One can only speculate at this point until the Vatican publishes its own guidelines and measures, but already we know they are almost certainly to be in line with those enforced by the Italian state. The Vatican’s statement would seem to suggest that all public audiences and large gatherings in the Vatican may be canceled. This could include Pope Francis’ public audience next Wednesday, March 11.

It may also mean that pilgrims and tourists may only be able to visit places like the Vatican museums, St. Peter’s Basilica and the catacombs in small numbers. Italian security services are heavily involved in the control of checkpoints at the Vatican, putting their members at risk of infection.

Pope Francis is the bishop of Rome, and on March 5 the Vicariate of Rome diocese announced that in accordance with the government’s decrees it has suspended all pastoral activities, except for sacramental ones, because of the virus. Consequently, events such as catechetical courses, marriage preparation courses, retreats, pilgrimages and any other pastoral group activity are suspended until March 15. The Pontifical Gregorian University has suspended all academic courses and activities until March 15, including an upcoming theological conference, “Doing Theology in the Face of Abuse,” that had been scheduled to begin on March 11.

The Italian government on March 5 also postponed an important national referendum on the reduction of the number of Italian parliamentarians that was scheduled for March 29.

The Japanese embassy has postponed its reception for the celebration of the birth of the emperor of Japan scheduled for March 12 until a later date, yet to be decided. The Argentine Centre in Rome has also suspended its activities until March 15. These postponements or cancellations are but a few of the many events now being suspended in a country where fear of the coronavirus is growing because no Western government seems to have yet found a way of containing it. The rate of new cases reported in China, where the virus originated, appears to be decelerating.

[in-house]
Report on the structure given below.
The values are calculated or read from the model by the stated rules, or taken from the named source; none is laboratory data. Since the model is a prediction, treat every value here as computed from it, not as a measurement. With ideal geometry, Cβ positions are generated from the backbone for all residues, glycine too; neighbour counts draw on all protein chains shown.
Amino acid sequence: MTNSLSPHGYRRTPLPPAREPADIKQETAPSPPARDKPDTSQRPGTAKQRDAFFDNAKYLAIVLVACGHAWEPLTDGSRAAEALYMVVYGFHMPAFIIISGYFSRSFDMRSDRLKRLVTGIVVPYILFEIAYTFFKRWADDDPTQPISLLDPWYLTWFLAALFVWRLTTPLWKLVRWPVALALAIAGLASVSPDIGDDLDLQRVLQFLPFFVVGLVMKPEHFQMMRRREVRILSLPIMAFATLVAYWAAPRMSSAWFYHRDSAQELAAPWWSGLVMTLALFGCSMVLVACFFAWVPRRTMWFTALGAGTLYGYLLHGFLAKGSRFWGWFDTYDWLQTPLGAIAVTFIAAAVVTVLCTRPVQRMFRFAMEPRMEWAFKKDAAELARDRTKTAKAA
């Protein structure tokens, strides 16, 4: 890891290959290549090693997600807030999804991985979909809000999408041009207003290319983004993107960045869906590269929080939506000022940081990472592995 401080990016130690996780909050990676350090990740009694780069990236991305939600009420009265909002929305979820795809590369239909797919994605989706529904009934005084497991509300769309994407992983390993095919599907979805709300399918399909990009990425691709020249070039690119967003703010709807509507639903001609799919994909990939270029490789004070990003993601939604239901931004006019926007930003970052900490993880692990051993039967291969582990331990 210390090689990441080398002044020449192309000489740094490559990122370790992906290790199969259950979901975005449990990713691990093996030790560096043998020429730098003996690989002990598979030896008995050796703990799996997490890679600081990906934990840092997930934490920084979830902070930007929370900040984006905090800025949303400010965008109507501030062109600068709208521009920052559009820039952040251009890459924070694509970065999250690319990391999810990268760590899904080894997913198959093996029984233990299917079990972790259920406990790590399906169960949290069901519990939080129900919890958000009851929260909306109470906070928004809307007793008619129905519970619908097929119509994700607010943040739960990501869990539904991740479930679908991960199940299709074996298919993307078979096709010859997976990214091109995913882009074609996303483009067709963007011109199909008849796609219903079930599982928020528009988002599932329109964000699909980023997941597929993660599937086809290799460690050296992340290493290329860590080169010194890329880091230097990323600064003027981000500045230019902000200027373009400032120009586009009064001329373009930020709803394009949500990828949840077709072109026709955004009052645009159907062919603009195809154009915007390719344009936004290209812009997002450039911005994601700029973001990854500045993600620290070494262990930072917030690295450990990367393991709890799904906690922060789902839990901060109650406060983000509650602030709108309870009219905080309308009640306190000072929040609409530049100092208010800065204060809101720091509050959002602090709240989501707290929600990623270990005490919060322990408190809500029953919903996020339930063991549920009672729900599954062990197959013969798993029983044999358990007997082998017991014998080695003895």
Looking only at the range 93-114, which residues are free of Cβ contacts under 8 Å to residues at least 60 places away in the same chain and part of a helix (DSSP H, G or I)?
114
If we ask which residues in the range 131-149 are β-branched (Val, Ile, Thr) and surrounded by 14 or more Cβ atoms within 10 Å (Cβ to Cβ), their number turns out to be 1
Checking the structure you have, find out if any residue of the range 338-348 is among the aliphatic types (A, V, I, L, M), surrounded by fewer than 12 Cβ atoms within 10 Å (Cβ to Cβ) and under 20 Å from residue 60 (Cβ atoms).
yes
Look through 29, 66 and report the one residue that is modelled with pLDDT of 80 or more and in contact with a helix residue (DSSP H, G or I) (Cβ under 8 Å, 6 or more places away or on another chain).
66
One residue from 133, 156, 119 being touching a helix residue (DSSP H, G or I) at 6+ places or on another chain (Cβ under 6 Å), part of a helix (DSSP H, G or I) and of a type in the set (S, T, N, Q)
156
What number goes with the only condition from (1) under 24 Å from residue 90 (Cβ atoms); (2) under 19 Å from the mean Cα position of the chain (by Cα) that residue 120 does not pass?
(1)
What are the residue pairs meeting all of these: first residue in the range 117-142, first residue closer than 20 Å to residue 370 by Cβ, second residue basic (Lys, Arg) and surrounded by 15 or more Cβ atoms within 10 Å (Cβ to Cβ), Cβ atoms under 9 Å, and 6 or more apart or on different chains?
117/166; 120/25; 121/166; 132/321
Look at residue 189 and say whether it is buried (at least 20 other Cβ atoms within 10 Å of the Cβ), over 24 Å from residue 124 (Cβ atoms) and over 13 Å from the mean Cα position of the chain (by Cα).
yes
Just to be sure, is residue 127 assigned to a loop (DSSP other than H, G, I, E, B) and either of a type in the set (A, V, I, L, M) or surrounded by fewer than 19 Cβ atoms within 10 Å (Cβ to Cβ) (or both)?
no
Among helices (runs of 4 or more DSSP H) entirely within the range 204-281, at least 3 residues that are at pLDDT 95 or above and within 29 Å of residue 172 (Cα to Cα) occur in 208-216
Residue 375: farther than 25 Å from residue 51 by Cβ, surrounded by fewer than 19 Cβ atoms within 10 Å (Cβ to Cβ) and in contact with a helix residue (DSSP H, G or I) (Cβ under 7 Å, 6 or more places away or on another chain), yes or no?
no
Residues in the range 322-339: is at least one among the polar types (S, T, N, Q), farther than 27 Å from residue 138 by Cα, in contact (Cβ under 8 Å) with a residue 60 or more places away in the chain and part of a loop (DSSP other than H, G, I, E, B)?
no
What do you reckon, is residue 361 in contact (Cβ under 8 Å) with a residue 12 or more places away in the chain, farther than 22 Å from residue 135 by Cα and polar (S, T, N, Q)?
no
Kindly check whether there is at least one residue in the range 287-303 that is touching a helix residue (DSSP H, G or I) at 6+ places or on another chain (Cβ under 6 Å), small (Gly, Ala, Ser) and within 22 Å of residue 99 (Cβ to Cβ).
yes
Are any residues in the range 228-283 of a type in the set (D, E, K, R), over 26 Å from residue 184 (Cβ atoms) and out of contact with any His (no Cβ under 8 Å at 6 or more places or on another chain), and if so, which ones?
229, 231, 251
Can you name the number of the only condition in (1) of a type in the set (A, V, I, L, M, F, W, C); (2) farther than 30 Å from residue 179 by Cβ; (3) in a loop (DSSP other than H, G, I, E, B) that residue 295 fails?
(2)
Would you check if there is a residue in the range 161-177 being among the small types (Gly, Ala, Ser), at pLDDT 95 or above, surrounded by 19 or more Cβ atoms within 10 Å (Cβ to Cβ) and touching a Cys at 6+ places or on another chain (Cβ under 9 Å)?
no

Comments are automatically closed two weeks after an article's initial publication. See our comments policy for more.

[Explore America’s in-depth coverage of Pope Francis.]

Advertisement

The latest from america

President Donald Trump and first lady Melania Trump visit the St. John Paul II National Shrine, in Washington, D.C., on June 2. (AP Photo/Patrick Semansky)
A new P.R.R.I. poll suggests that President Trump is losing ground among white Catholics faster than among other major religious groups, reports Michael J. O’Loughlin.
Flying cars, hyperloop trains and other venture capitalist fever dreams are not going to carry us out of our economic mess. (Illustration from iStock/Naeblys)
We can’t wait for the venture capitalists and their playthings to save us after the coronavirus, writes Nathan Schneider. It is time to turn to the innovation of cooperative economics.
Nathan SchneiderJune 04, 2020
A line of police officers faces a woman participating in a protest on May 29 in Louisville, Ky., of the killing of Breonna Taylor by police in March. (Michael Clevenger/Courier Journal via AP)
The police killing of Breonna Taylor in Louisville was another example of how geographic and racial partitions deny human rights to certain American citizens, writes Joseph S. Flipper of Bellarmine University.
Joseph S. FlipperJune 04, 2020
Our scars pulse with the rage that cannot sound